Monday, April 30, 2007

Pondering Primate Off To RFID Journal Conference

I will be pondering from the RFID Journal Conference in Orlando.

Hope to have some great Physical World Connection updates and pictures to present.

Saturday, April 28, 2007

Washington Nationals Use Mobile Barcodes For Tickets

From Moldova Washington Nationals to deliver tickets to mobile phones

The US people (?) can now be happy, because the Washington Nationals, MLB Advanced Media and announced that the Nationals have become the first major organization in the U.S. to deliver event tickets to mobile phones.

Using technology provided by, the Tickets@Phone program allows users to have their tickets sent to their phone via MMS or picture message.

The message includes a unique barcode and standard ticket information. The ticket received is scanned from the phone at a designated gate, allowing users to quickly enter the ballpark

Friday, April 27, 2007

Nokia And Mobile Carriers Team Up For Mobile Wallet

From TechShout Nokia and Mobile Carriers Provide Mobile Wallet

Nokia and several mobile telecom carriers have all teamed-up for a global initiative that will transform mobile phones into wallets, a wireless telecoms interest group announced on Wednesday.

Through this novel plan, consumers will be able to use a phone as a wallet or as an access card simply by waving it over a wireless reader - and in some cases punching a PIN number into the phone - similar to how travelers in Tokyo and London access public transport.

Nokia, along with two other leading cell phone makers Samsung Electronics and LG Electronics, will set in a wireless chip into its phones.

In a statement, Mifare and Felica said, “By combining this secure chip with an NFC chip, a universal contactless IC (integrated circuit) platform can be created for mobile phones.”

The Economist Reviews Physical World Connection With "When Everything Connects"

This week's The Economist has a great summary on Physical World Connection, or the "Internet of Things", called "When Everything Connects".

The ability for devices (more than PCs and mobile phones) to connect (or have the ability to connect to the Net) will offer some exciting applications. The ability for individuals and corporations to connect/interact via the Net, created new multibillion dollar companies/industries (Google, eBay, Amazon, YouTube). This also allowed economies to become so much more efficient.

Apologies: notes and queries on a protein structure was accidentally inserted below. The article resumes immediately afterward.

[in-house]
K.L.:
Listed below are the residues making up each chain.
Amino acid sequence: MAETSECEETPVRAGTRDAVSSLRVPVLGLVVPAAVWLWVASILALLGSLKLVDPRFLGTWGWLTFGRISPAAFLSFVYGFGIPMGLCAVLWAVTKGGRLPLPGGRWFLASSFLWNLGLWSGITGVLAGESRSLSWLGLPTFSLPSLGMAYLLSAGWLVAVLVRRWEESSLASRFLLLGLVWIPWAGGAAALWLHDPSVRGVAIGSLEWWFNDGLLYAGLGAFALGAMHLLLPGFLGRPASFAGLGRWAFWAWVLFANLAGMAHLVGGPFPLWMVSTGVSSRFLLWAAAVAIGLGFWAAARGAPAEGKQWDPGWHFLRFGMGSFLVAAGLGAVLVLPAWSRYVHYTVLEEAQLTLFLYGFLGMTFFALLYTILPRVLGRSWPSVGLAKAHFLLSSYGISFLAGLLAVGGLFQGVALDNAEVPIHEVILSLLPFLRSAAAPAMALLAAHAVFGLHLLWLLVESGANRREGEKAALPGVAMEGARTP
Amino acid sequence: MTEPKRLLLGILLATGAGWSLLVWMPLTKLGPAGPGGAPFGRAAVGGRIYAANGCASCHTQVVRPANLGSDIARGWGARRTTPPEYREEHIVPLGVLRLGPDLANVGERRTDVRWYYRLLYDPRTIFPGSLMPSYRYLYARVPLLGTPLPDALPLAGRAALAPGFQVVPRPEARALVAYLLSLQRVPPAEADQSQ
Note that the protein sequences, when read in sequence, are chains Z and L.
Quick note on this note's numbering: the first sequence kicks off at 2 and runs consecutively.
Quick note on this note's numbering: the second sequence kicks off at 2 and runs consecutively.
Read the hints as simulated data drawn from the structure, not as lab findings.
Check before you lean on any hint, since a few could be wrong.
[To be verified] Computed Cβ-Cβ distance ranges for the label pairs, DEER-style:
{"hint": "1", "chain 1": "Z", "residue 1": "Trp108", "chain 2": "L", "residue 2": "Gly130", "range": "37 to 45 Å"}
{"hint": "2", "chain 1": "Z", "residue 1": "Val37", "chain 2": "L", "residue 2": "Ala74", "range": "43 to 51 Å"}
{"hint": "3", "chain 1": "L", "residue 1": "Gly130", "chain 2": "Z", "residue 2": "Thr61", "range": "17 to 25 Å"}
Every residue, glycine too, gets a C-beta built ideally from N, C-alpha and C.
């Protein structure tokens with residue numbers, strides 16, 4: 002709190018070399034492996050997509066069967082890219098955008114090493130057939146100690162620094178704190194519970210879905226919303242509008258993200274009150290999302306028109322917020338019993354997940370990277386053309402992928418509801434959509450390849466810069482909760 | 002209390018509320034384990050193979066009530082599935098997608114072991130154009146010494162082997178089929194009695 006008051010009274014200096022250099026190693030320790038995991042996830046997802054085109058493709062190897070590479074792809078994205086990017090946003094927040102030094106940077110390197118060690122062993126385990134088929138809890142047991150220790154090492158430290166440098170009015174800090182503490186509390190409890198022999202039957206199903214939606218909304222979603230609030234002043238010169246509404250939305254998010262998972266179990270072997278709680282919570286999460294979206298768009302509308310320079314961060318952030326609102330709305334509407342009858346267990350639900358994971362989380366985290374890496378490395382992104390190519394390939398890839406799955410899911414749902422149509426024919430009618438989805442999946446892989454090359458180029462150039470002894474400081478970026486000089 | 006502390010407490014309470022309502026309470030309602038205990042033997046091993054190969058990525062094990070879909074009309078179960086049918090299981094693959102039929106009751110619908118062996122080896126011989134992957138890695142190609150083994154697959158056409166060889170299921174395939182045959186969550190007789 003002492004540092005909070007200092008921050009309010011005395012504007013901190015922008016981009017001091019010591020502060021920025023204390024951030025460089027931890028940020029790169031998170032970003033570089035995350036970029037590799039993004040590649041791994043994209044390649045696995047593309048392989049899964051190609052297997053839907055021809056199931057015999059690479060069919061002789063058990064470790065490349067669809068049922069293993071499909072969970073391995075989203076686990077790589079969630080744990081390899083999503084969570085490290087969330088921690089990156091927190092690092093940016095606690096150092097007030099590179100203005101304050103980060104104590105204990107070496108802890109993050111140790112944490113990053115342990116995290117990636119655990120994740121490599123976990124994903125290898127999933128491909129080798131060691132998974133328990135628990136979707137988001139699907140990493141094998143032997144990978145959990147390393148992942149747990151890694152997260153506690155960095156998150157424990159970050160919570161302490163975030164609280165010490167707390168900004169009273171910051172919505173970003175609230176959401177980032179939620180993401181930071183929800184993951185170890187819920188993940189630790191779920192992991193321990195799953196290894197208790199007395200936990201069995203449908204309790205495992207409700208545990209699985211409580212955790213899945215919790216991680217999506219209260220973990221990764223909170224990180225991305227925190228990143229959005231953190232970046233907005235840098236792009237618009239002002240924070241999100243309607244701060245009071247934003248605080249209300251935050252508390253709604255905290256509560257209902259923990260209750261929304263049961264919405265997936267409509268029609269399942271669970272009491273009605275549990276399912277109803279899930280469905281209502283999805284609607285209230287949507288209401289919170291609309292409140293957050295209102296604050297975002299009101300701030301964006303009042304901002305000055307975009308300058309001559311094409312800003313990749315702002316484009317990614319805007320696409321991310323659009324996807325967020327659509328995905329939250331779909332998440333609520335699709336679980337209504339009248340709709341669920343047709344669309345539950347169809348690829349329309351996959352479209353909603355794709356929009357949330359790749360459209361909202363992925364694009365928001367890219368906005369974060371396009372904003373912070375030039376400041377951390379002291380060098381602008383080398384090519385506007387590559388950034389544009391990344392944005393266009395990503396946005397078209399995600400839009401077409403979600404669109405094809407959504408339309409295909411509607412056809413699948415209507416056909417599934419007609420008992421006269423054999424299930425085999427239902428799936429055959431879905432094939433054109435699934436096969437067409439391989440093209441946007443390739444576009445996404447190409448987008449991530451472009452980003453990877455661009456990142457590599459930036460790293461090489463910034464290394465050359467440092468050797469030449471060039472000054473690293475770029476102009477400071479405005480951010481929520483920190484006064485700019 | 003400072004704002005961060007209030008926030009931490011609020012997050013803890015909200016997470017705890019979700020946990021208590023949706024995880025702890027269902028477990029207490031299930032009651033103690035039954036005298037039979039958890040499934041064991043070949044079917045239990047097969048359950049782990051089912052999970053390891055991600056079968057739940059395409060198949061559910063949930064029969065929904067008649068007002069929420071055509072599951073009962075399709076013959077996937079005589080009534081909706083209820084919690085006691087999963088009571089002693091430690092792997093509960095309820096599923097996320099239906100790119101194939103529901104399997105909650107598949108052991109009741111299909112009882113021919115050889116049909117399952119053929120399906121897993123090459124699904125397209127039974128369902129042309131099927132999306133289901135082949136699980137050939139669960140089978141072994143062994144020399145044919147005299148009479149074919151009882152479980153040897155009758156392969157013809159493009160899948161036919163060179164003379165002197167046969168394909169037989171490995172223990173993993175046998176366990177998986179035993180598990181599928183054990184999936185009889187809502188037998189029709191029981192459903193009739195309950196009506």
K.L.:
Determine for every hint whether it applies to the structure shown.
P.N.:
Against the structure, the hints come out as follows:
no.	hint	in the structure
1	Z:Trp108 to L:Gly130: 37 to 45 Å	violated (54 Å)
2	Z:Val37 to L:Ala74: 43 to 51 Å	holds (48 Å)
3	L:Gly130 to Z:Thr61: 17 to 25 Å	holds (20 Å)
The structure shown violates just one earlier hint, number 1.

What industries and companies will be created when any type of device can connect to the Internet? How efficient will this make an economy?

Phase 2 of the Internet, when physical objects can be connected to tne Net, using a Physical World Hyperlink, offers some exciting times ahead.

Why do I think The Next Google or Next Microsoft is this application? Google is so successful because they offer the ability to find anything on the Internet which consists of billions of websites. Imagine that same function to find OR control any device connected to the Net.

So far the mobile phone has been getting all the attention. Around 2.8 billion are already in use, with a further 1.6m being added every day. The phones themselves are improving at a cracking pace. Yet this boom is also spilling over into other areas of wireless communications, used for linking machines, sensors and objects.

Everybody talks about the emerging markets being the big opportunity for the cellular industry in the next few years, but in the longer run there are going to be a lot more devices talking to each other,” says Paul Jacobs, the boss of Qualcomm, which makes mobile-phone chips.

The phenomenon “could well dwarf previous milestones in the information revolution”, according to a 2001 report entitled “Embedded, Everywhere” by America's National Research Council.

In the years ahead new wireless technologies will appear in a plethora of devices, much as computer chips did in the second half of the 20th century

Verizon And Tribeca Film Use Mobile Barcodes

Verizon Announce Activities at Tribeca Film Fesitval

Verizon announced plans today to make the 2007 Tribeca Film Festival the most innovative and interactive one yet.

Barcode tickets will be delivered directly to winners' wireless phones using text MMS/SMS messages and scanned for accuracy upon entering the venue.

Tuesday, April 24, 2007

Neomedia's Mobile Barcode Patent Challenged

Until patents have been proven in court, shouldn't they be used as a defense of a business or application?